Our report emphasizes the difficulties in obtaining an etiological diagnosis of expansive brain lesions in HIV-infected patients. The patient underwent three invasive procedures, including brain, ganglionar, and liver biopsies. Only the liver biopsy showed histopathological findings compatible with tuberculosis. Even though we were not able to confirm the etiology of the brain lesion, cerebral tuberculoma was the more likely diagnosis.
Atypical presentations of intracranial tuberculomas can be a challenging diagnosis, particularly in HIV-infected patients from developing countries, where tuberculosis is endemic. In our case, the presence of disseminated disease allowed us to maintain a high index of diagnosis suspicion.
Most patients with cerebral toxoplasmosis showed a CD4+ cell count below 100 cells/mm3, and in the case of primary CNS lymphoma, below 50 cells/mm12,16. However, intracranial tuberculomas or tuberculous brain abscesses are not uncommon with CD4+ cell count above 100 cells/mm3(15). Cerebral toxoplasmosis lesions and tuberculomas are generally multiple, tuberculous brain abscesses are usually single whereas in primary CNS lymphoma, solitary and multiple lesions may occur at approximately the same frequency12. Lesions measuring more than 4 cm are more likely to be lymphoma, when compared with cerebral toxoplasmosis10. Similarly, lesions measuring more than 3 cm are more likely to be tuberculous brain abscesses when compared with tuberculomas1,14. The focal forms of CNS tuberculosis show different anatomopathological characteristics, which were defined by Whitener17. Tuberculomas have a central region with caseous necrosis, a capsule of collagen, and giant multinuclear, epitheliod, and mononuclear cells. On the other hand, abscesses have to fulfill the following criteria: (1) macroscopic evidence of pus, (2) inflammatory reaction in the abscess wall, which consists of granulate vascular tissue and acute and chronic inflammatory cells, and (3) demonstration of AFB in the purulent material or in the abscess wall, or positive culture of M. tuberculosis.
Atypical presentation of solitary and large intracranial tuberculoma underscores that radiological findings are unspecific to identify etiological causes of focal brain lesions3 ,14. However, MRI is particularly useful in identifying the pathological stage of tuberculomas1. In our case, the MRI features were compatible with caseating granuloma with a solid center, but other neurologic diseases, including primary CNS lymphoma or cerebral toxoplasmosis can display similar findings.
In the present case, the contraindication to perform lumbar puncture precluded the use of molecular diagnosis. Hence, pathological diagnosis continues to be the gold standard for a subset of HIV-infected patients with focal brain lesions11 ,12,16. However, definitive diagnosis is not reached in as many as 8-10% of patients who undergo brain biopsy11. Since tuberculomas are usually firm masses, the blunt probe used in stereotactic biopsies may be pushed away, leading to sampling errors2.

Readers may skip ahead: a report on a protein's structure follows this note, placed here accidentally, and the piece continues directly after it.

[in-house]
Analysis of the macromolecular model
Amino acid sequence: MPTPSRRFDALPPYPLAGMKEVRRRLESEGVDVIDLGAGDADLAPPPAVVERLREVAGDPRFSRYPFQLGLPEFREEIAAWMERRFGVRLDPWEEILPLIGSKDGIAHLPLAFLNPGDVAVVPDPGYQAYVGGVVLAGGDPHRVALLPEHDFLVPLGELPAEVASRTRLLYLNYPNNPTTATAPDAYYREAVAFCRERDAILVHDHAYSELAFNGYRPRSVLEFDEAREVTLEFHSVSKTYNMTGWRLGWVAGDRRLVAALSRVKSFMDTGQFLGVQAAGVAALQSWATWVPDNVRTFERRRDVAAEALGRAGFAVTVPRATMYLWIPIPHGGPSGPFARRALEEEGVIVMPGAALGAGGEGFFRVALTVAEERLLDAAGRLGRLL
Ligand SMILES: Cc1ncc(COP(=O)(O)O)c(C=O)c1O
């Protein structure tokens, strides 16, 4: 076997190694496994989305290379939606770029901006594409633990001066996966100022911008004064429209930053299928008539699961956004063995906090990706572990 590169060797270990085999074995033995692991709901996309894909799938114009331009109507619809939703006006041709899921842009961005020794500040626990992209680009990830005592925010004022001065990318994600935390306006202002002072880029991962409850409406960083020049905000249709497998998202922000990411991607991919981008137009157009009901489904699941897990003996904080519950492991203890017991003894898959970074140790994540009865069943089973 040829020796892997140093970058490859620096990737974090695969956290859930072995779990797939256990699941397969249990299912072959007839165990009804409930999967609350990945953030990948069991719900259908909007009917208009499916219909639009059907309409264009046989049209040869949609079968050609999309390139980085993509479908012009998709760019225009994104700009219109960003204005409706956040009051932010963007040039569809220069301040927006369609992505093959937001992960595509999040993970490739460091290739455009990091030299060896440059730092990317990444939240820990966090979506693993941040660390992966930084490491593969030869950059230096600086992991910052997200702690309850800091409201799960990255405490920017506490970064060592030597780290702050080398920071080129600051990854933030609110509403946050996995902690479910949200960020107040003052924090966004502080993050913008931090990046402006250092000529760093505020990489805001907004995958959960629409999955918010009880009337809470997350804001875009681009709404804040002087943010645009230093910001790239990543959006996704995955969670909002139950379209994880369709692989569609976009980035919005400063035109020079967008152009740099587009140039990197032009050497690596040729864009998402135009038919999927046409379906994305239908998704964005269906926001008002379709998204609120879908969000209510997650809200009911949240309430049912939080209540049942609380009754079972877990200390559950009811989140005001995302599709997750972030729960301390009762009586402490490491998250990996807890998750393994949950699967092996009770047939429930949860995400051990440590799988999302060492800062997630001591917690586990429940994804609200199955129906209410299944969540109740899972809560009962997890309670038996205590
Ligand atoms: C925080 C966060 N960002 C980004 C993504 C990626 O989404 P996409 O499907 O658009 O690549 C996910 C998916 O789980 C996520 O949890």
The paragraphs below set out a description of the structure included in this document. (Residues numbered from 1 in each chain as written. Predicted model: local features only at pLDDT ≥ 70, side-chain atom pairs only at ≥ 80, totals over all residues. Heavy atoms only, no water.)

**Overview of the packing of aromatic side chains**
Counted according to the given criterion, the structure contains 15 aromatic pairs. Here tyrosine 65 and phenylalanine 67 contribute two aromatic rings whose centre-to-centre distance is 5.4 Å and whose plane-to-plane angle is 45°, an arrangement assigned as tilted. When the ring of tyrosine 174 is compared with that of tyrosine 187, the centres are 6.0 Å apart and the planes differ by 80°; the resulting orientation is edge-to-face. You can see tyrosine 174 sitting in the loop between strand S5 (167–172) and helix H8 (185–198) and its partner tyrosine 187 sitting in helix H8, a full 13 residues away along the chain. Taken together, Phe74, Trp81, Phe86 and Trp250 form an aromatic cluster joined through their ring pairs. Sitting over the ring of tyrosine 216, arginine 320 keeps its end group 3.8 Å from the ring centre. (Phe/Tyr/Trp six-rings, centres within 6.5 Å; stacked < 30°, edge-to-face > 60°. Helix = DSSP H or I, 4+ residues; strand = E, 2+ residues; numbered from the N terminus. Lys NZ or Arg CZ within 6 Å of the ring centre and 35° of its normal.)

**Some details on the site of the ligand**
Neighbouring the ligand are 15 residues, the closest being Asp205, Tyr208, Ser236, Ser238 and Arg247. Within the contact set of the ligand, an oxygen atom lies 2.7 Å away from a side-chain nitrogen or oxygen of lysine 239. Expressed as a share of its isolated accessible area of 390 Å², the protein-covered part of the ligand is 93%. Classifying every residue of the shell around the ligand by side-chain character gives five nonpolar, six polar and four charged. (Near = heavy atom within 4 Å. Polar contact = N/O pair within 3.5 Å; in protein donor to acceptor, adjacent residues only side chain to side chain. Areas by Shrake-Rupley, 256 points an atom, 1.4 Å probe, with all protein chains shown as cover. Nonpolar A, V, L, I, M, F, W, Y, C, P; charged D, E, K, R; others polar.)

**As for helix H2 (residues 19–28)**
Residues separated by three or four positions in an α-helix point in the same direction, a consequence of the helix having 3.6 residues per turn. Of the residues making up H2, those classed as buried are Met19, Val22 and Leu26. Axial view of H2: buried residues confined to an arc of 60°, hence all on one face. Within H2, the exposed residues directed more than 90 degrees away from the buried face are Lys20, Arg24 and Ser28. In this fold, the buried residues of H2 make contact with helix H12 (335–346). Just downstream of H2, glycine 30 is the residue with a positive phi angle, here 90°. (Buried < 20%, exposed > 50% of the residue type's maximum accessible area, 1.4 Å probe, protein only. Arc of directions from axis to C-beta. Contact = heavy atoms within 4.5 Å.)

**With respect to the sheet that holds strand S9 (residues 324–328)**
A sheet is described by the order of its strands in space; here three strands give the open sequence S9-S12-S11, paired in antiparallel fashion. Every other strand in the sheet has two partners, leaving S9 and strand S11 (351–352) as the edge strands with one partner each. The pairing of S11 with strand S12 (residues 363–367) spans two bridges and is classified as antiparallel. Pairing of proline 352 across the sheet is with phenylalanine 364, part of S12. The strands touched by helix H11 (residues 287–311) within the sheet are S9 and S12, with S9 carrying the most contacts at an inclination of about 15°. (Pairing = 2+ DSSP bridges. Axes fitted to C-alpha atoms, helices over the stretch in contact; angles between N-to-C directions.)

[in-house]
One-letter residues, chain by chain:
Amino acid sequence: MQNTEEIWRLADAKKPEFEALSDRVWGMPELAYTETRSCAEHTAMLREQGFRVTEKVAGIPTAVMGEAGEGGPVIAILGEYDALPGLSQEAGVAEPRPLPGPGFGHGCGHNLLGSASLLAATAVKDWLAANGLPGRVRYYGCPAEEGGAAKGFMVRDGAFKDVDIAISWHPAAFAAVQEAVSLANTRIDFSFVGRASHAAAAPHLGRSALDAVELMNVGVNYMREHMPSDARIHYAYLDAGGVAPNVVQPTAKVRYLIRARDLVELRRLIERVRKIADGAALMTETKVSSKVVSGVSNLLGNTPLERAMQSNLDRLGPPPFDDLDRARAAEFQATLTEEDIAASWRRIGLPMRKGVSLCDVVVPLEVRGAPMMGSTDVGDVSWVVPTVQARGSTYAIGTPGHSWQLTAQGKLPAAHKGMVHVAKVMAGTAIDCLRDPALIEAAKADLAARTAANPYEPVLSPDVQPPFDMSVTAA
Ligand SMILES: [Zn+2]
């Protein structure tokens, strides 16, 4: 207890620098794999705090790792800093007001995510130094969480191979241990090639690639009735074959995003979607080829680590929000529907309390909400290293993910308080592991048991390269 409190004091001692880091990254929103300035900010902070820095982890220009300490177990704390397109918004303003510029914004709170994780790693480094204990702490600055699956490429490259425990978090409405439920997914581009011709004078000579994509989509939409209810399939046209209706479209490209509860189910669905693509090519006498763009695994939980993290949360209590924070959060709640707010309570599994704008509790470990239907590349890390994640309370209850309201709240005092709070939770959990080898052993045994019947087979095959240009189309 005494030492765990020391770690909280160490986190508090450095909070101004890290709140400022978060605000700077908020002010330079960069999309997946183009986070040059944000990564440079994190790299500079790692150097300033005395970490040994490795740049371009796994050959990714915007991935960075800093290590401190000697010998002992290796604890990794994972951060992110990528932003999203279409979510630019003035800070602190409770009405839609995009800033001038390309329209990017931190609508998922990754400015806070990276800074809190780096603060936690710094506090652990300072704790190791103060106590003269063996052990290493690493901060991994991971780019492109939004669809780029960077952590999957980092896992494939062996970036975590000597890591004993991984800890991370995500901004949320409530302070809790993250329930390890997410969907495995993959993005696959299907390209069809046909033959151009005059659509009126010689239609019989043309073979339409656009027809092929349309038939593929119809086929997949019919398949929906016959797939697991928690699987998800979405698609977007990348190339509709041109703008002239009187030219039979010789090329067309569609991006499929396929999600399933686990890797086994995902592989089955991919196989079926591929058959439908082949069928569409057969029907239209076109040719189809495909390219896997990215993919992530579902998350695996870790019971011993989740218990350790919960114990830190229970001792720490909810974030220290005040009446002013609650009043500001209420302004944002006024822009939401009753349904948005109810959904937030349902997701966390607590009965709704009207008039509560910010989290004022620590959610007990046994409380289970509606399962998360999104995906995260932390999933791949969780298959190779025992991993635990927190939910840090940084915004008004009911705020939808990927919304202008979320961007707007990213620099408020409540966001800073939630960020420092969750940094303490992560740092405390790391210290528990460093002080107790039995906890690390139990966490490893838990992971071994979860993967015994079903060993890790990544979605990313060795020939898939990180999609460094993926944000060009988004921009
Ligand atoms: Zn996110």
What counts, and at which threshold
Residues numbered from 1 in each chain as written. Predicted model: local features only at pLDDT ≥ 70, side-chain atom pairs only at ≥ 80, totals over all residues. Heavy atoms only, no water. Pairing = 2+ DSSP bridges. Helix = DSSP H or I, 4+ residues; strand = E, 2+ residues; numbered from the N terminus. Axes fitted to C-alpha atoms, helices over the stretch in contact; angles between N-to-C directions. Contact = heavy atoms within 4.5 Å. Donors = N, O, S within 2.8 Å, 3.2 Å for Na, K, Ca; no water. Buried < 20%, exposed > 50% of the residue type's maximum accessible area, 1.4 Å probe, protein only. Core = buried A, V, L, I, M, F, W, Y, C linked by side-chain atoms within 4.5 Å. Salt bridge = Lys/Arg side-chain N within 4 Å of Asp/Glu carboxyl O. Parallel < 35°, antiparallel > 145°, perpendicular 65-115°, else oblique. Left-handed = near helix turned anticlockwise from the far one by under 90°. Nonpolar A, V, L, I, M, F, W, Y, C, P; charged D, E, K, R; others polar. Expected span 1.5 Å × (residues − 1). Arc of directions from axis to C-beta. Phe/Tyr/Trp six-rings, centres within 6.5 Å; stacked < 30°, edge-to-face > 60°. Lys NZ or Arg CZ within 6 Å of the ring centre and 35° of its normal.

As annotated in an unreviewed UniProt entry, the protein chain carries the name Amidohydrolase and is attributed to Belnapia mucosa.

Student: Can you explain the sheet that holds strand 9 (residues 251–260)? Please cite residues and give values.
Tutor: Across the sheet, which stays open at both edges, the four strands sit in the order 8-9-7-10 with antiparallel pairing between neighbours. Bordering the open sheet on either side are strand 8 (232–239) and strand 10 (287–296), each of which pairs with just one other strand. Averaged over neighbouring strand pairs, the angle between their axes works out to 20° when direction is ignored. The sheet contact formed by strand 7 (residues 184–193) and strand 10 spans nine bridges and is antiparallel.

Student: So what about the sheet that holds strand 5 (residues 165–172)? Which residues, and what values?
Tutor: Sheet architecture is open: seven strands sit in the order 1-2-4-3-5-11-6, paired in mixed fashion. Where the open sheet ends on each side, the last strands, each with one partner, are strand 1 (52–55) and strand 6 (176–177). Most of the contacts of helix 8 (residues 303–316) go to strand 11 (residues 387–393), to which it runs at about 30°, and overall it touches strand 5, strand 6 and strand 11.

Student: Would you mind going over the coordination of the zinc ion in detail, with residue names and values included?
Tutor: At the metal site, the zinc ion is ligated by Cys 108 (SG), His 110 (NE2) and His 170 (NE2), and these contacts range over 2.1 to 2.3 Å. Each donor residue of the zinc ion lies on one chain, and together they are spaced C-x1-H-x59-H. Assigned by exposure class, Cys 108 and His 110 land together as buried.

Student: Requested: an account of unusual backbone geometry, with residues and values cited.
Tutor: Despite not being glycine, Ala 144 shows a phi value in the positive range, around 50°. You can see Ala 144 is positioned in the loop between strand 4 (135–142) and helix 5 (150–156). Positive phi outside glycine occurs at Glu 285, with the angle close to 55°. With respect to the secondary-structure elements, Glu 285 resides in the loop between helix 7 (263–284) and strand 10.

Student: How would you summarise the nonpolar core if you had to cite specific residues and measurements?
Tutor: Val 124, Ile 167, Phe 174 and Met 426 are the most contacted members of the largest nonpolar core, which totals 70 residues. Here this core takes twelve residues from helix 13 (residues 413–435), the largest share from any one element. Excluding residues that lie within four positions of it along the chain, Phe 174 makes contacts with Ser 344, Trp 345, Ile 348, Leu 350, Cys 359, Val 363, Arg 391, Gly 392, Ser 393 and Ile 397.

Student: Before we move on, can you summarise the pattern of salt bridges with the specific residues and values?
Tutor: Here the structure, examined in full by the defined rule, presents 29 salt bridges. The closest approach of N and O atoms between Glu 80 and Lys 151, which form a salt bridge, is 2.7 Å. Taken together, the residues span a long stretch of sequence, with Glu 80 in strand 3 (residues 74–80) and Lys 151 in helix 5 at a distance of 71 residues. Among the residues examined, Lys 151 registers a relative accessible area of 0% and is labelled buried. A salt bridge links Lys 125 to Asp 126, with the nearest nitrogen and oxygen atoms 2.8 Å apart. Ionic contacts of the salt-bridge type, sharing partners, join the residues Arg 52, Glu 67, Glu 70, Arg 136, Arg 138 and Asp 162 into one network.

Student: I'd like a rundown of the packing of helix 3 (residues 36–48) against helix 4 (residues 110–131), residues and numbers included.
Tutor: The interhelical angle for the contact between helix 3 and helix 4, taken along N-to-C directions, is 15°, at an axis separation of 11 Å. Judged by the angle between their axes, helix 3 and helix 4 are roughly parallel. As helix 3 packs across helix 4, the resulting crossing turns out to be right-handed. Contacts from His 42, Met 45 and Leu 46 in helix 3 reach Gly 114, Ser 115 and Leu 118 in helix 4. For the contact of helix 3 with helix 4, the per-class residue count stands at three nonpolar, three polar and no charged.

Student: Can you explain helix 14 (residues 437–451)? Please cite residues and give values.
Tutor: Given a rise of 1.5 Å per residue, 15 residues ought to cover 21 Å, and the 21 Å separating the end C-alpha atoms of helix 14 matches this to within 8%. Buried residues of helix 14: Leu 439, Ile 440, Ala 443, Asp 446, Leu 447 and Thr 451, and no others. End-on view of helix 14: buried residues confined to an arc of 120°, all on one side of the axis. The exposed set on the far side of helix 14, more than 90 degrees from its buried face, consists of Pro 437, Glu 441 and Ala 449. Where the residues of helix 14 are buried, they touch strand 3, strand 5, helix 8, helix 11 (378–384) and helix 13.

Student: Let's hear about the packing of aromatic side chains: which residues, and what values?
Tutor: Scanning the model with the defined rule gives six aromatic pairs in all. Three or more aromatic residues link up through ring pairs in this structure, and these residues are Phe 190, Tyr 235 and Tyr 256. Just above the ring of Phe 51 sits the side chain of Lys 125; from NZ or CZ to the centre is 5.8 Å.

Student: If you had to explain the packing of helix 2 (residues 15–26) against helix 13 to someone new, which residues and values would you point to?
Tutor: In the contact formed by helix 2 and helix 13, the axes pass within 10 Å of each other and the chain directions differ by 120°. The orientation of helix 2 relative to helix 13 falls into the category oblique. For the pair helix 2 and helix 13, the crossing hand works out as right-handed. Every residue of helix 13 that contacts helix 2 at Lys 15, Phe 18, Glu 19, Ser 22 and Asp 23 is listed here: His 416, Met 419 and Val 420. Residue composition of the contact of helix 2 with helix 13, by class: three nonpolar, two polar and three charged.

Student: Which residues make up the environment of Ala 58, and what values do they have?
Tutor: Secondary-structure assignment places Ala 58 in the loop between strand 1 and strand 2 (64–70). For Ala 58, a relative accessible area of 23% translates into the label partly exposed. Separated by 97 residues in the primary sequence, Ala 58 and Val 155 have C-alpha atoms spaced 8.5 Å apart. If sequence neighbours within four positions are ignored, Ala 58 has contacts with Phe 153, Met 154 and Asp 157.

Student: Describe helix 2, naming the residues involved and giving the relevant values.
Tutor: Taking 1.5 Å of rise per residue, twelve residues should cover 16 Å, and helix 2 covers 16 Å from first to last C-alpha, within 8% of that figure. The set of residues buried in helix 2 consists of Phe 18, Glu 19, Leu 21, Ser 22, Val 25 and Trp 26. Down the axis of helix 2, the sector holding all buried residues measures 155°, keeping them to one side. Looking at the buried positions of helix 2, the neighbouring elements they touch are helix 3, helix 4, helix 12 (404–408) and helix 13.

Guidelines from the US Centers for Disease Control and Prevention (CDC)5 and the British Infection Society13 recommend therapy for CNS tuberculosis with isoniazid, rifampin, ethambutol, and pyrazinamide. Isoniazid and rifampin are the key components of the regimen. In the present case, the antituberculous treatment was optimized (from rifampin, ethambutol, streptomycin, and ofloxacin to isoniazid, rifampin, ethambutol, and pyrazinamide), and important improvement of the CNS mass lesion was obtained, probably due to the fact that isoniazid penetrates the CSF freely and has potent early bactericidal activity. On the other hand, streptomycin does not penetrate the CSF well in the absence of inflammation. In addition, fluoroquinolones may represent an effective fourth agent, although data concerning their CSF pharmacokinetics and safety during prolonged therapy are limited13.
Cerebral toxoplasmosis is the most frequent expansive brain lesion in HIV-infected patients and its differential diagnosis is broad. In this context, the present case illustrates that, considering our particular epidemiology, where primary CNS lymphoma is rare and tuberculosis is frequent, a common presentation of a rare disease is less likely than a rare presentation of a common disease6.
In conclusion, probable cerebral tuberculoma should always be considered in the differential diagnosis of solitary and large focal brain lesions in HIV-infected patients, particularly in patients of tuberculosis endemic areas and with disseminated disease. Despite extensive diagnostic efforts, sometimes, a trial with antituberculous therapy is a valuable tool to confirm the diagnosis.
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José E. VIDAL
AIDS Clinic, Clinical Division of Infectious and Parasitic Diseases
"Hospital das Clínicas", Faculty of Medicine, University of São Paulo, Brazil
Rua Frei Caneca 557
01307-001 São Paulo, SP, Brasil
Phone: +55-11-3896-1200. Fax: 55-11-3120-3472
Received: 26 November 2009
Accepted: 4 August 2010